Alexander Ebner Wins the 2020 Macke Award

This year's 2020 Wilhelm Macke Award goes to Alexander Ebner in recognition of his spectacular new spectroscopic analysis technique.

Sieger Alexander Ebner
Sieger Alexander Ebner

Alexander Ebner’s presentation titled "High Power Quantenkaskadenlaser – Wir beobachten Moleküle bei der Arbeit" won the audience – which simultaneously served as the jury – over. The Johannes Kepler University Linz presents annual awards in recognition of outstanding Master's theses in physics. In this case, the candidates must win the audiences’ popular vote. As always, the audience is made up of school students and the presentations are short, humorous, and presented in laymen’s terms. The audience was treated to an entertaining afternoon featuring presentations that gave insight into various areas of physics.

The Winner: Alexander Ebner, opens an external URL in a new window (Center for Surface and Nanoanalytics)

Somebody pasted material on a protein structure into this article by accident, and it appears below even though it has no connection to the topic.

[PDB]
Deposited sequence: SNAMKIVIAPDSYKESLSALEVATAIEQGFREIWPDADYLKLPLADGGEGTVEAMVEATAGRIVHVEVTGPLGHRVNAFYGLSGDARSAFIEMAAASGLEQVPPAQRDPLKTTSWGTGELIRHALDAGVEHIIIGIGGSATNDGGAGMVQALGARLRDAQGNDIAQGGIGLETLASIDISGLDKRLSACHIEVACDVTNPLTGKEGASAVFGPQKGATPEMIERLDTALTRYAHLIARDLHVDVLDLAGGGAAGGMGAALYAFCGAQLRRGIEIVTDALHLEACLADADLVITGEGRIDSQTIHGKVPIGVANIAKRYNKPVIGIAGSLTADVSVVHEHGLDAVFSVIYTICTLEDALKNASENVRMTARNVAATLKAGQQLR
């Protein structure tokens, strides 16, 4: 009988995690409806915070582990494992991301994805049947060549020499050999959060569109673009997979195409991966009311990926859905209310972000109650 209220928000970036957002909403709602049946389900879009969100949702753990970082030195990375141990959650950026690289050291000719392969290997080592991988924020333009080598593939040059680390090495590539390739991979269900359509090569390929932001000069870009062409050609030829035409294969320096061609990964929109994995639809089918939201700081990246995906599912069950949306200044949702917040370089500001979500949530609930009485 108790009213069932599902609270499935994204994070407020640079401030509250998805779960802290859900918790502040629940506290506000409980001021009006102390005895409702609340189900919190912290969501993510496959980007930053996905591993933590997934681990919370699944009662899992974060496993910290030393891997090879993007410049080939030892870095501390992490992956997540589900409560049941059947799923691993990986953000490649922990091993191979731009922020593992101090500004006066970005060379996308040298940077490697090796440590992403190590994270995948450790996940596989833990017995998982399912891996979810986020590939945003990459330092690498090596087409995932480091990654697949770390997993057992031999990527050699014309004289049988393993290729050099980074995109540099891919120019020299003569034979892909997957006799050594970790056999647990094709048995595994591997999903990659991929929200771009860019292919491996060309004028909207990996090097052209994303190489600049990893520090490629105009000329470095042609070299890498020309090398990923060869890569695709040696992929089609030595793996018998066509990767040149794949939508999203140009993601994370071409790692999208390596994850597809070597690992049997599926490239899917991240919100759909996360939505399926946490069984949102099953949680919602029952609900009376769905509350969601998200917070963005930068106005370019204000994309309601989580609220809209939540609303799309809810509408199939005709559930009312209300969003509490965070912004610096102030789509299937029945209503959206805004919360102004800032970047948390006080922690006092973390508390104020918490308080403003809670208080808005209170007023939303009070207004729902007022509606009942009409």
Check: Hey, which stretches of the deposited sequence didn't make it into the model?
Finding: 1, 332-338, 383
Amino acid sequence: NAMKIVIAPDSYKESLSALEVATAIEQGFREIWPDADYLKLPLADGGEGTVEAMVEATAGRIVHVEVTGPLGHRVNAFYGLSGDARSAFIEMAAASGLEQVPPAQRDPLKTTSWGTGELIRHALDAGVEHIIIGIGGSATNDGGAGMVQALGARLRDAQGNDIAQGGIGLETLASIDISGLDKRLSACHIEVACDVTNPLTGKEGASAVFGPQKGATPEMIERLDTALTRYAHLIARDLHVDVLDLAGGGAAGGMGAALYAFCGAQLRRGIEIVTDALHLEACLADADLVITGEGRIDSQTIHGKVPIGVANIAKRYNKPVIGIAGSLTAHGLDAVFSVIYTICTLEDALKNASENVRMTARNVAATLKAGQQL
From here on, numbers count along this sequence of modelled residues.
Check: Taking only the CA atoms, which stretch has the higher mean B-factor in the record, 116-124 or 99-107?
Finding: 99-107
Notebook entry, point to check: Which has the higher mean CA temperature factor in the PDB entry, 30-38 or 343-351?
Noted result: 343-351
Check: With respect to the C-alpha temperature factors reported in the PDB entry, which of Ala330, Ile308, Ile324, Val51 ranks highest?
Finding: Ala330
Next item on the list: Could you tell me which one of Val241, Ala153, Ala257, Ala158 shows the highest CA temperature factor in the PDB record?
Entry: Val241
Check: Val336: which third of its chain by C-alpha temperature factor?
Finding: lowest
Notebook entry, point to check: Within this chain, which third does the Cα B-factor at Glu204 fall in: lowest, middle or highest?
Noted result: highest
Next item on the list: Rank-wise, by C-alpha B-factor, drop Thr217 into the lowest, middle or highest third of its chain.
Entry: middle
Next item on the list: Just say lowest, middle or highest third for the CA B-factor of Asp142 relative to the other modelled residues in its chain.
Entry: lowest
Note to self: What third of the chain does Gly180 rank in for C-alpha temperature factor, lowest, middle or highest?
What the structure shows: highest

High Power Quantum Cascade Laser - Observing Molecules at Work

Alexander Ebner has succeeded in revolutionizing a versatile spectroscopic analysis technique by using quantum cascade lasers. The new method is 10,000 times brighter and 60,000 times faster than existing alternatives, paving the way for new fields of application in industry and for research.

Additional Finalists:

Franziska Maier, opens an external URL in a new window (Institute of Applied Physics)

On the Trail of the Atomic Nucleus – From the JKU to CERN

CERN is the world's largest research center in the field of particle physics. Franziska Maier placed an ion trap for exotic atomic nuclei at CERN and examined them more closely using a laser. Her presentation explains just how this works and why it is important to understand atomic nuclei.

Michael Ammann, opens an external URL in a new window (School of Education)

The Many Faces of Entropy - An Unraveling Game in 6 Acts

Entropy is an essential universal property and a reason why time has direction - and why a desk can become messier faster than it is tidy up. Explaining entropy, on the other hand, is not that easy. Michael Ammann put a lot of energy into the task of explaining energy, preserving it, and the state of disorder in a way the school students can understand.

About Alexander Ebner

Alexander Ebner (29) lives in Bad Zell and enjoys playing ice-hockey, guitar, and traveling to far-away lands.